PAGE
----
I have been living in Rio for almost two decades now; I arrived a few years after Collar was successfully impeached (he actually resigned, but who's counting?) in a politically charged popular movement for his removal. It was a people's protest, under s single banner - that Collar get the hell out of office. That it was successful just goes to show what a popular movement, coupled with appropriate political processes, can achieve.
Fast forward 20 years and you have today's protests. All I can say is that it's about time! Brazil hadn't seen anything like it since the Collar impeachment, so no one should be surprised that the gears were a little rusty in the protesting department. But the training wheels have come off and Brazilians have seen what the power of a movement can do: scare politicians, sort of. I have to refer to one of the wittiest parodies of current Brazilian politics that I have ever seen, and my hat goes off to Porta dos Fundos for producing this savvy little gem. Turn on the subtitles in English and enjoy: "Reunião de Emergência"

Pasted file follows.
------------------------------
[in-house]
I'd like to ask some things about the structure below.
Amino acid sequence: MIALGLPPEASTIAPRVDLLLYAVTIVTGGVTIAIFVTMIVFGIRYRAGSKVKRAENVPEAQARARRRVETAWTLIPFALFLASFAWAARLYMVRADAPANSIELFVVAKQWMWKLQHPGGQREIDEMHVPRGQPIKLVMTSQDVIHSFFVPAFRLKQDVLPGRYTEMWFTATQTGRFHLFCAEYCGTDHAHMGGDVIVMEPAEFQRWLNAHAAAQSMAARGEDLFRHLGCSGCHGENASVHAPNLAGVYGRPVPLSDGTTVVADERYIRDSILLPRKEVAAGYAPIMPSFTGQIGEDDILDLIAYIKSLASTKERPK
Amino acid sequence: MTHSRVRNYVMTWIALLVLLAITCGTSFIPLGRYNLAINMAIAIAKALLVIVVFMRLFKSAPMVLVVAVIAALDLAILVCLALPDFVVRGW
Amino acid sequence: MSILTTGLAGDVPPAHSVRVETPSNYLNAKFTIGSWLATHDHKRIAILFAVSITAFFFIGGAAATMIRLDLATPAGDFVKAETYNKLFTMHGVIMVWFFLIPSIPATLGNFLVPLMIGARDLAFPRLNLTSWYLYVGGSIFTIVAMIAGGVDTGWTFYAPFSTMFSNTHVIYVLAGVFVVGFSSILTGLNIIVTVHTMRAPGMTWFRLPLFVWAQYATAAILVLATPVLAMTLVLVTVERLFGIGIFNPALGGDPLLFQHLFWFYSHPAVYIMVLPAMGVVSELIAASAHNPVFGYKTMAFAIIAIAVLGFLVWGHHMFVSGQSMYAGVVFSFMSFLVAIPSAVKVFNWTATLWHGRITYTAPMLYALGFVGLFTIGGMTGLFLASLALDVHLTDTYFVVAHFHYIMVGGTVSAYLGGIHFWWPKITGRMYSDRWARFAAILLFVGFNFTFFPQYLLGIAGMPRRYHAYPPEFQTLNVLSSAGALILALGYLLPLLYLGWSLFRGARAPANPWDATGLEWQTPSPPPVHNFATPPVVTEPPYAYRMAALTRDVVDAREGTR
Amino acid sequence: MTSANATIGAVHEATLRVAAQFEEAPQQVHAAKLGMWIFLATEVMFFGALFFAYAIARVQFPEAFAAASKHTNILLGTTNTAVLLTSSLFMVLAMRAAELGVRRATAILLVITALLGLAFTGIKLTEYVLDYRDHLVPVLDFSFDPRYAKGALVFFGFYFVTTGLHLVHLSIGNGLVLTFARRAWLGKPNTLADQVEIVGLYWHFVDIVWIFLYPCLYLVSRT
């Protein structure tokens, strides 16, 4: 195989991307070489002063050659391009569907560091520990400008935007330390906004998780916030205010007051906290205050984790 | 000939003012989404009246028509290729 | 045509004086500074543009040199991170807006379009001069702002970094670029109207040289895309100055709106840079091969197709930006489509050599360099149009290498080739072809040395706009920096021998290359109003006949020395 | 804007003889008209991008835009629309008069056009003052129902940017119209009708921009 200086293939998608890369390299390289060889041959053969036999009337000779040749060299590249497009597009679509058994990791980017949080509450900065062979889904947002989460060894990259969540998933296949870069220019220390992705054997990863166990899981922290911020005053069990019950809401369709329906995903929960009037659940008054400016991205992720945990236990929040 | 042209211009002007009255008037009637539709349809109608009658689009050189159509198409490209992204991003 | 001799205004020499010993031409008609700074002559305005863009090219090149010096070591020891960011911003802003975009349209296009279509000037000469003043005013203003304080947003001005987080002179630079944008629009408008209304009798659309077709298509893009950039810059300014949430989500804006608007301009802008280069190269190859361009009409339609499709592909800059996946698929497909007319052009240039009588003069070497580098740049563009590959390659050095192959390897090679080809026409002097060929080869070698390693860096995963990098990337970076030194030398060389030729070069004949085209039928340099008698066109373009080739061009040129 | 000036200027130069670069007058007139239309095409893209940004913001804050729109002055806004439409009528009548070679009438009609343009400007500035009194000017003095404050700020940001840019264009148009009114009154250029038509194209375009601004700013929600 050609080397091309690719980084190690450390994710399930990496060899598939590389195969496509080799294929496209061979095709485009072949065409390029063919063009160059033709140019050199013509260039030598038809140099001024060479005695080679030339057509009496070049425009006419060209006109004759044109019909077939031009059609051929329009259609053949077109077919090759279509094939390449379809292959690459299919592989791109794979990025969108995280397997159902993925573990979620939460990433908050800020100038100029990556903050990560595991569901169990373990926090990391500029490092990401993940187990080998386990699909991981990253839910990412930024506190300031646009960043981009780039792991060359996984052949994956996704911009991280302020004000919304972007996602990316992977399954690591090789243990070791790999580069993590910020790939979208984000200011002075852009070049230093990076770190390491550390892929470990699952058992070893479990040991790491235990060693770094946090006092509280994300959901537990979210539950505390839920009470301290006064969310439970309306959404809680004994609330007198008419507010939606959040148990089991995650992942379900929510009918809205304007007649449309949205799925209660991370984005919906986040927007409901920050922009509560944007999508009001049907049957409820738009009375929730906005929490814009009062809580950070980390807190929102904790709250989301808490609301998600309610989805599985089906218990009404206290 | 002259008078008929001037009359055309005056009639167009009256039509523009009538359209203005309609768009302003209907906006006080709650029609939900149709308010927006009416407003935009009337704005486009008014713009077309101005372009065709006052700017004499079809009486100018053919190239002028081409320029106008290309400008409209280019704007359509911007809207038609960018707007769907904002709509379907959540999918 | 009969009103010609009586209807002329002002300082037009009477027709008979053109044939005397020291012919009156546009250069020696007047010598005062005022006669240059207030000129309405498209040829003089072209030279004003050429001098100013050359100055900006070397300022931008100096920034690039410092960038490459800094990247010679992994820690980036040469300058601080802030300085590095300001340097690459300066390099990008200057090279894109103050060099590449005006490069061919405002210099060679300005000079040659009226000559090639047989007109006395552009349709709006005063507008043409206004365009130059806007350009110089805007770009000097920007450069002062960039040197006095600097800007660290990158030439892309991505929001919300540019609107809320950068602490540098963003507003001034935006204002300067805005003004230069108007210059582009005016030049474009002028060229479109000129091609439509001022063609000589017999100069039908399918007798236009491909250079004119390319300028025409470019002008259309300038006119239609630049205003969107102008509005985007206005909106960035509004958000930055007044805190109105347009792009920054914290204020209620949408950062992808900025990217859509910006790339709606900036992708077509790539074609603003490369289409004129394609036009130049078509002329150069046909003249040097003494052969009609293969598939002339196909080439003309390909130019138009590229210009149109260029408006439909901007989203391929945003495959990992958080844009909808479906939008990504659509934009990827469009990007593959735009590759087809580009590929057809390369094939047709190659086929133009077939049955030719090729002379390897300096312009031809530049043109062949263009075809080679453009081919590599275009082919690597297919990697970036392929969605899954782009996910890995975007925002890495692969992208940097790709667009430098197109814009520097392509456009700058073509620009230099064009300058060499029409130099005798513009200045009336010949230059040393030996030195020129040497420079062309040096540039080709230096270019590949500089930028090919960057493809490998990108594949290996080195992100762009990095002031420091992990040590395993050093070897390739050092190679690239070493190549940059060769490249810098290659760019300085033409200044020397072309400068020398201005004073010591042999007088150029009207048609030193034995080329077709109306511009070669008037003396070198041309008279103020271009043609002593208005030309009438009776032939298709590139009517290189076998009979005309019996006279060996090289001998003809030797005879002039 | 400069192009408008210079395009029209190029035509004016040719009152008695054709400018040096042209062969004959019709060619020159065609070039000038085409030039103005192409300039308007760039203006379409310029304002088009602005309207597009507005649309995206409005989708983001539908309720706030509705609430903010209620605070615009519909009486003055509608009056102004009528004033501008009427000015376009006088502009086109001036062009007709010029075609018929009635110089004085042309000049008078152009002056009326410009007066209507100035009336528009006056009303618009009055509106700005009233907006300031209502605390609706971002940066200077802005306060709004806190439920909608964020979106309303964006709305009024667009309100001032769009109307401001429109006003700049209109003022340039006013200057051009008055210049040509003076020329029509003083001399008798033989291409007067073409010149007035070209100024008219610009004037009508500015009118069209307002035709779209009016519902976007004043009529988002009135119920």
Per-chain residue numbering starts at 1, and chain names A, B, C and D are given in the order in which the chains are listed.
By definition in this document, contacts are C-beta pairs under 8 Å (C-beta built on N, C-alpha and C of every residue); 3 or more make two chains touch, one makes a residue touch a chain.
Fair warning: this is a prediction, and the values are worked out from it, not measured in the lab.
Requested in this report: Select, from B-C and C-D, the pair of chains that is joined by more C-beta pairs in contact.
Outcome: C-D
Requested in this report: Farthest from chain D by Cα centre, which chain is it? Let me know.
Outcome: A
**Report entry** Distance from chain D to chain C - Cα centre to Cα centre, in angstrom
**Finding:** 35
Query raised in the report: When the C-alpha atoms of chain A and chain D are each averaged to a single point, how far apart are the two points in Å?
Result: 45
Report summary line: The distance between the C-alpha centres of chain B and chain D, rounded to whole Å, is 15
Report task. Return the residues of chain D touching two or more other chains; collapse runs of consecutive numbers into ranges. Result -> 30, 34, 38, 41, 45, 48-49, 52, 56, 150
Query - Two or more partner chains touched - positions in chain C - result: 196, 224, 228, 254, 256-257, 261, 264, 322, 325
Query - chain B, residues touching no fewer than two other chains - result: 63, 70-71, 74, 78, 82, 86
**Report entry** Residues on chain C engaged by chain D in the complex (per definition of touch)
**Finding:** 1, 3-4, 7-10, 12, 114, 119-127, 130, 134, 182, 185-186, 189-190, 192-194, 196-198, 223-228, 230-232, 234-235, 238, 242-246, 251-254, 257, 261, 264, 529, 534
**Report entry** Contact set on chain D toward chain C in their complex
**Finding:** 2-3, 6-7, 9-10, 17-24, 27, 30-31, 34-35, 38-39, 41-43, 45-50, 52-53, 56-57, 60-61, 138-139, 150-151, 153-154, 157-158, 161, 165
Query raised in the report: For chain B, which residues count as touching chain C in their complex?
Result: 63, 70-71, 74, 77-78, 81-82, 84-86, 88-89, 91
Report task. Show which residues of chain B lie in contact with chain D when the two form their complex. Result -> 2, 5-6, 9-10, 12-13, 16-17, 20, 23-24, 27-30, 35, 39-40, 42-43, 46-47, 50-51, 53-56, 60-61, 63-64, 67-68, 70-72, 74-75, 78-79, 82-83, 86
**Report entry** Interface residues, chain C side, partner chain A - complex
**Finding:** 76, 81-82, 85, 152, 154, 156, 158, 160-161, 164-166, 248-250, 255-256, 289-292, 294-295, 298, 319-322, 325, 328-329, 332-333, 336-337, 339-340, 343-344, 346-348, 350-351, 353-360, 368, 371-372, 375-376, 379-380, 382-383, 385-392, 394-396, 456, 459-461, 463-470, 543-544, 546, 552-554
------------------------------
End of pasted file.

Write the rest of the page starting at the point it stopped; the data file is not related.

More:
That being said, however, there are, in my opinion, some serious problems the movement faces. First of all, unlike the Collar impeachment rallies, these protests lack a clear and concise purpose. It seems that everyone has their own agenda, from improvements to public education and health to lower taxes and better roads and bridges, to an end to political corruption. I personally want better public transportation (my livelihood depends on it). So many people have so much invested in so many often disparate things that the focus is lost on what's really most important for everybody.
And what is that exactly? That's the other problem. They're ALL important! There's so much wrong, broken and failing in the system that no one knows really exactly where to begin treating the patient. A daunting task lies ahead, and maintaining a united front, peaceful and extended protests and thoughtful political candidate selection could represent a good first step in the right direction.
We’ll see what happens in the coming months and in next year’s elections. You can bet the Brazilian people are more aware about their role when it comes to choosing politicians and supporting policy.
At the end of the day, though, it’s a democracy, and it’s the people’s choice that dictates the future of the country politically and socially. I have high hopes, and even if I can’t cast my own vote (I’m a lowly resident and not a citizen!), I’m still involving myself in the conversation and debate. It’s the least I can do.